And, perhaps the richest irony of all -- the organizer of the protest against Rostenkowski was Jan Schakowsky -- then Director of the Illinois State Council of Senior Citizens -- and currently Democratic representative from the Ninth Congressional District of Illinois, and chief deputy whip to Majority Leader Pelosi. You can read Schakowsky's account of the incident, her role, and her views on the importance of citizen involvement in government here -- at a lecture she gave at Northwestern's Institute for Policy Research in 2002, entitled "Why Citizen Activism Matters: The View From Washington."

Related Posts (on one page):

  1. The Perils of High Public Office: II
  2. The Perils of High Public Office
  3. Grassroots Activism For Me, But Not For Thee

The Perils of High Public Office

CBS News has dug up some video of Rep. Dan Rostenkowski being chased down the street by a crowd of angry seniors. This event took place twenty years ago next Monday -- August 17, 1989.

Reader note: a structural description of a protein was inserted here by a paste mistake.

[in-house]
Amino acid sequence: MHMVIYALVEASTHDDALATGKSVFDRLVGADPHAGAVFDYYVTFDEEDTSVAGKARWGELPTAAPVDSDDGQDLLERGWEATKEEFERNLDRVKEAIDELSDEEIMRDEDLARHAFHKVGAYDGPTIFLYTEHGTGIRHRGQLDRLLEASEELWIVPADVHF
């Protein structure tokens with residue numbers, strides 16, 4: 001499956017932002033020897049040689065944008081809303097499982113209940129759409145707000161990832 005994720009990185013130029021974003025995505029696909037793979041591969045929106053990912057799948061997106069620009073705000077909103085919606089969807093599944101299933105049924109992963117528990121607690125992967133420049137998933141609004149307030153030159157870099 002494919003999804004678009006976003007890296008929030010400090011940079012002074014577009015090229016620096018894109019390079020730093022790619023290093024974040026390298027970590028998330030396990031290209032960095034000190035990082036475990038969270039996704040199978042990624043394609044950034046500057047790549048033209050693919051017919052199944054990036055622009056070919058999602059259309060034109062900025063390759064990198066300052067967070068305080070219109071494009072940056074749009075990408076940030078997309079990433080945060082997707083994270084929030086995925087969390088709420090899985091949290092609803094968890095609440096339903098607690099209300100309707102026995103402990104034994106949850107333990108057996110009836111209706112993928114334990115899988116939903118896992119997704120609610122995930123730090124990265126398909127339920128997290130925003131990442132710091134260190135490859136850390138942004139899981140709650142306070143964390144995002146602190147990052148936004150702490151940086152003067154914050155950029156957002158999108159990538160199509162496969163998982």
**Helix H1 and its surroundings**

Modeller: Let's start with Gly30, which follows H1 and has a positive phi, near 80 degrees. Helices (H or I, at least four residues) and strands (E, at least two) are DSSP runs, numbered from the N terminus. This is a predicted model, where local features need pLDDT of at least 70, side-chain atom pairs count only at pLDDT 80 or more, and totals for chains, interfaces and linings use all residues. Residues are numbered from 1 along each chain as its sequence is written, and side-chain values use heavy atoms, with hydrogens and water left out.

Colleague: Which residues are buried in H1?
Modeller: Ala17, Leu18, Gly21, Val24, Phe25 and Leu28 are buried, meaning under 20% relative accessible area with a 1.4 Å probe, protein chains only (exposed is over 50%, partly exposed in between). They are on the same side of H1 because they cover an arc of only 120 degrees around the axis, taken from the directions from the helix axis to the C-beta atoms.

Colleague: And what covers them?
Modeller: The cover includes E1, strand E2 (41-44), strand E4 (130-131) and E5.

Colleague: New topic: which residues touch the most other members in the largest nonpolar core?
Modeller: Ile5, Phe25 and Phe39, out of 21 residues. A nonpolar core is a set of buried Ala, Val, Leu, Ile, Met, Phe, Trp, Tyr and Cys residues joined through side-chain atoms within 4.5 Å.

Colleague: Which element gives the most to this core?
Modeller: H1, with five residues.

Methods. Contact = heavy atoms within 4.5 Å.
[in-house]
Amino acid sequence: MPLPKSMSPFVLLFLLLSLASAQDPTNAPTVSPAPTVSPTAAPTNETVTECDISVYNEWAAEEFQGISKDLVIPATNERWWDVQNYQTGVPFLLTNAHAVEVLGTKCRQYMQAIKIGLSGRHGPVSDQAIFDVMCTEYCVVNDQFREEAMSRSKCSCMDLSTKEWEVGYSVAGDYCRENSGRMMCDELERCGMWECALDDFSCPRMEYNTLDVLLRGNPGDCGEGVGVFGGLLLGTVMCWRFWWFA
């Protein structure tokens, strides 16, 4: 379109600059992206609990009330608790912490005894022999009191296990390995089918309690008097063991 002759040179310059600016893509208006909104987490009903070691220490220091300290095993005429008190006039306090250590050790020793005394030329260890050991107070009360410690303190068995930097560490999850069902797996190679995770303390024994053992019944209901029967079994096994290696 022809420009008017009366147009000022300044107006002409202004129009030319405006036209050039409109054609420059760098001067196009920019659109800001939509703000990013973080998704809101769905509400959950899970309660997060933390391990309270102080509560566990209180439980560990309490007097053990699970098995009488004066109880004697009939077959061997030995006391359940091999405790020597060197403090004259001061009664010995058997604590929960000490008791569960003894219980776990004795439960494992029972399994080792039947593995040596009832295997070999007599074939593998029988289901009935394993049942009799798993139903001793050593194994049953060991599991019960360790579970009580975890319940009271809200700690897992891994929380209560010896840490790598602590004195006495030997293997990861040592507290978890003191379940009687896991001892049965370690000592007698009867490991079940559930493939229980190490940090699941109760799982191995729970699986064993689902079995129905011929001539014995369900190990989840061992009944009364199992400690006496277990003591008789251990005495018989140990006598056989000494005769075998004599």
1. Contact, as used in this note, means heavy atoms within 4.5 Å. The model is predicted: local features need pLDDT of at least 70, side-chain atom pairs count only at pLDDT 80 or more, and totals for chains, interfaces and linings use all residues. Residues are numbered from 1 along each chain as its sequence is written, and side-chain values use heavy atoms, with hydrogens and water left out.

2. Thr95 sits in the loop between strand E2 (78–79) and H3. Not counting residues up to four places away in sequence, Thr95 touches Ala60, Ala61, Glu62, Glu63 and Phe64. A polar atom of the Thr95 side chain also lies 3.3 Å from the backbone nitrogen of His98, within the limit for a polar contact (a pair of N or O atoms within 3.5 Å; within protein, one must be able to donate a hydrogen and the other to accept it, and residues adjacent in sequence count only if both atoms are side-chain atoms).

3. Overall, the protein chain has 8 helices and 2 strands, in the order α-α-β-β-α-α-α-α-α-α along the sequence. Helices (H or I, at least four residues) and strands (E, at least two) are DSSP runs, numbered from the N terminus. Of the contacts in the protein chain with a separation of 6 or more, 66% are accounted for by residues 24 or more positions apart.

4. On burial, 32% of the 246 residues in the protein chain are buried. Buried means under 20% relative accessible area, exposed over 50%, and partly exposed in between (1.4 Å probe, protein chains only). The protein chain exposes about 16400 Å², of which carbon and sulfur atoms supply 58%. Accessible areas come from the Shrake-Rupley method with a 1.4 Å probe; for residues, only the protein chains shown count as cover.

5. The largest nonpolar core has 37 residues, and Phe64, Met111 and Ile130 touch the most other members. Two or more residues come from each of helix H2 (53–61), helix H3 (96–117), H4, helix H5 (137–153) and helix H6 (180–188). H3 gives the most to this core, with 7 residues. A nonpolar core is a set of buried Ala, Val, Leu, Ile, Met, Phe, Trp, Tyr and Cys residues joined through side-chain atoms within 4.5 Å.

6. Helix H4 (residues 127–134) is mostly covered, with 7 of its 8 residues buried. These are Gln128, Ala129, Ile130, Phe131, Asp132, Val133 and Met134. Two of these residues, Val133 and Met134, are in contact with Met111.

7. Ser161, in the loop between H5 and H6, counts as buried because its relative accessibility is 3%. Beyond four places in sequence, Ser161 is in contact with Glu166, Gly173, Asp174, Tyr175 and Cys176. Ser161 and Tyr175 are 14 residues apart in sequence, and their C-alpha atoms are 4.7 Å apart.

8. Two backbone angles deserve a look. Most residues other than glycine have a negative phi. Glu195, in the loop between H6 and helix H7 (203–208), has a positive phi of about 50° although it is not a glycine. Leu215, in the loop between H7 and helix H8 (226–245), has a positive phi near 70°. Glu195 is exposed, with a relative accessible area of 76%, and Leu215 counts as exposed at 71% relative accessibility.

Here's Rostenkowski starting at 1:35 in the video:

Rostenkowski: I don't think they understand what the government's trying to do for them.

Reporter: Do you sympathize with their anger on this?

Rostenkowski: No, I don't think they understand what's going on.

As this book makes clear, Rostenkowski was comfortably within the mainstream of Congresssional and elite media opinion in dismissing the objections of his constituents as uninformed, ill-founded, or rabble-rousing. But, the day had long-term consequences. As the New York Times observed in a 2002 article, "the television images of Mr. Rostenkowski under assault struck fear in the hearts of politicians that remains to this day. Few want to be pitted against older people on issues involving Medicare. 'Politicians were traumatized by the Rostenkowski episode and they remain traumatized,' said Henry J. Aaron, a senior fellow at the Brookings Institution."

I devote a few pages of my book on Medicare to the subject.


The Perils of High Public Office: II

National Review Online just posted a piece that I did on the Medicare Catastrophic Coverage Act, and its implications for our latest efforts at health (insurance) reform.

Here's the conclusion of the piece:

No one can predict whether the latest effort at health-care reform will meet a similar ignominious defeat. But this story does hold lessons for the current debate.